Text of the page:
Jews from all ages have translated the Bible for their particular times and needs, but what does the act of translation mean? Aaron W. Hughes believes translation has profound implications for Jewish identity. The Invention of Jewish Identity presents the first sustained analysis of Bible translation and its impact on Jewish philosophy from the medieval period to the 20th century. Hughes examines some of the most important Jewish thinkers-Saadya Gaon, Moses ibn Ezra, Maimonides, Judah Messer Leon, Moses Mendelssohn, Martin Buber, and Franz Rosenzweig-and their work on biblical narrative, to understand how linguistic and conceptual idioms change and develop into ideas about the self. The philosophical issues behind Bible translation, according to Hughes, are inseparable from more universal sets of questions that affect Jewish life and learning.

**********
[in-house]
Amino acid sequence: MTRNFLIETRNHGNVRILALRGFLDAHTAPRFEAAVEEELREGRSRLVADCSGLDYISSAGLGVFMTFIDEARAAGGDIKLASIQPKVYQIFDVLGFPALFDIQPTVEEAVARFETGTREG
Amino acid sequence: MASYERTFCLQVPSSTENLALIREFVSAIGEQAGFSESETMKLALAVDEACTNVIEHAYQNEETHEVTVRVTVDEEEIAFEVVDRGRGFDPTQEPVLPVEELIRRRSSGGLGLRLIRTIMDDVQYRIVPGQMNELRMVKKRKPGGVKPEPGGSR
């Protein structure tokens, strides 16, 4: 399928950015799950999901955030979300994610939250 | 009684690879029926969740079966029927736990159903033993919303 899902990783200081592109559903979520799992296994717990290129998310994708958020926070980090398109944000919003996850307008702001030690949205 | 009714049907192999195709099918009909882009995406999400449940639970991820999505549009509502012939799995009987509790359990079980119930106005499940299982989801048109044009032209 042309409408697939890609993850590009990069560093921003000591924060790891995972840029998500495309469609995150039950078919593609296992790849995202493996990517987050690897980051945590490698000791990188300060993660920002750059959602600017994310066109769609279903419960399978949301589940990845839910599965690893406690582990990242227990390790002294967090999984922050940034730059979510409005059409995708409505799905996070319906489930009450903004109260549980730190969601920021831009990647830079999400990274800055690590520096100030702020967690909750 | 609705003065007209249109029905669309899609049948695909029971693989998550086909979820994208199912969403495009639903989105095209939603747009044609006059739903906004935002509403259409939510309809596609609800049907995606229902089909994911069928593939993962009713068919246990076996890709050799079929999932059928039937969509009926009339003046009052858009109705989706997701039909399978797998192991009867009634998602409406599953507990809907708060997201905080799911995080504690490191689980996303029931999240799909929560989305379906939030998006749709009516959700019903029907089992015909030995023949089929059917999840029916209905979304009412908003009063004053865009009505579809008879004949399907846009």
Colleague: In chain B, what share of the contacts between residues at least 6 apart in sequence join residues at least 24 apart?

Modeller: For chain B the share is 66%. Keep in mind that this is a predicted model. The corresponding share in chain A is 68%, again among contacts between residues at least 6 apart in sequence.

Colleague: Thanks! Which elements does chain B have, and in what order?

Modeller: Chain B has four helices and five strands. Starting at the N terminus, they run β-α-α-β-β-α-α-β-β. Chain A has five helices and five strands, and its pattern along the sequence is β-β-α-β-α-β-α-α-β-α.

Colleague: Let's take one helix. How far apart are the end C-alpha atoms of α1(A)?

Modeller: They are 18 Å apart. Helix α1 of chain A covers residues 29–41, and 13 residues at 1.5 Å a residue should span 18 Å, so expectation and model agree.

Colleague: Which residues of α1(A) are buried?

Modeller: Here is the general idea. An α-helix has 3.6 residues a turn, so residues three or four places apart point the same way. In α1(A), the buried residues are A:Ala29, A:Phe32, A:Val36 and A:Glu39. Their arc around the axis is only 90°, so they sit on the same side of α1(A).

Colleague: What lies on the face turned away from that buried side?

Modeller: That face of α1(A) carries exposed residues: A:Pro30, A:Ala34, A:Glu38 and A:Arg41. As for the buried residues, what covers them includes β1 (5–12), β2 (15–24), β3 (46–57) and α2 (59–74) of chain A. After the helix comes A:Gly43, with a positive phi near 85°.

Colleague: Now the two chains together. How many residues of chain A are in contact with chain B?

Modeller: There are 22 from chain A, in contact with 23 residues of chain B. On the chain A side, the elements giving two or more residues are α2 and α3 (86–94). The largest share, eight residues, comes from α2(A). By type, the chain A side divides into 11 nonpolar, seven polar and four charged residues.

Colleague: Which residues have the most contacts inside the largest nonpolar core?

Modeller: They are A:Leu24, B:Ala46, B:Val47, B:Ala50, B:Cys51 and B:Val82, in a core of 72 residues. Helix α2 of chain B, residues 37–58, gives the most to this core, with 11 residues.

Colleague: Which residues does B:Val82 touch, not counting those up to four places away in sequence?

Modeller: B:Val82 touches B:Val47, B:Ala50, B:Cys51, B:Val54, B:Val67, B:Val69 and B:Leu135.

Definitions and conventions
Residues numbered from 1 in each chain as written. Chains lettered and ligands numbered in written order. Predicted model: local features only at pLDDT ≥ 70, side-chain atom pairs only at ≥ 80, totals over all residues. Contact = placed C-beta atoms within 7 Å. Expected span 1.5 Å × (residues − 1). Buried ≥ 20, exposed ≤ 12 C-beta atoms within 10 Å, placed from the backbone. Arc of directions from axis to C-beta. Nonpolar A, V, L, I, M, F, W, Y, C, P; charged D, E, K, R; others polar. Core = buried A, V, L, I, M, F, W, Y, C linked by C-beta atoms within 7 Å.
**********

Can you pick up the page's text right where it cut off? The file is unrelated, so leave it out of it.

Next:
Aaron W. Hughes is Associate Professor of History and the Gordon and Gretchen Gross Professor in the Institute of Jewish Thought and Heritage at the University at Buffalo, SUNY. He is author of The Texture of the Divine (IUP, 2004) and The Art of Dialogue in Jewish Philosophy (IUP, 2008).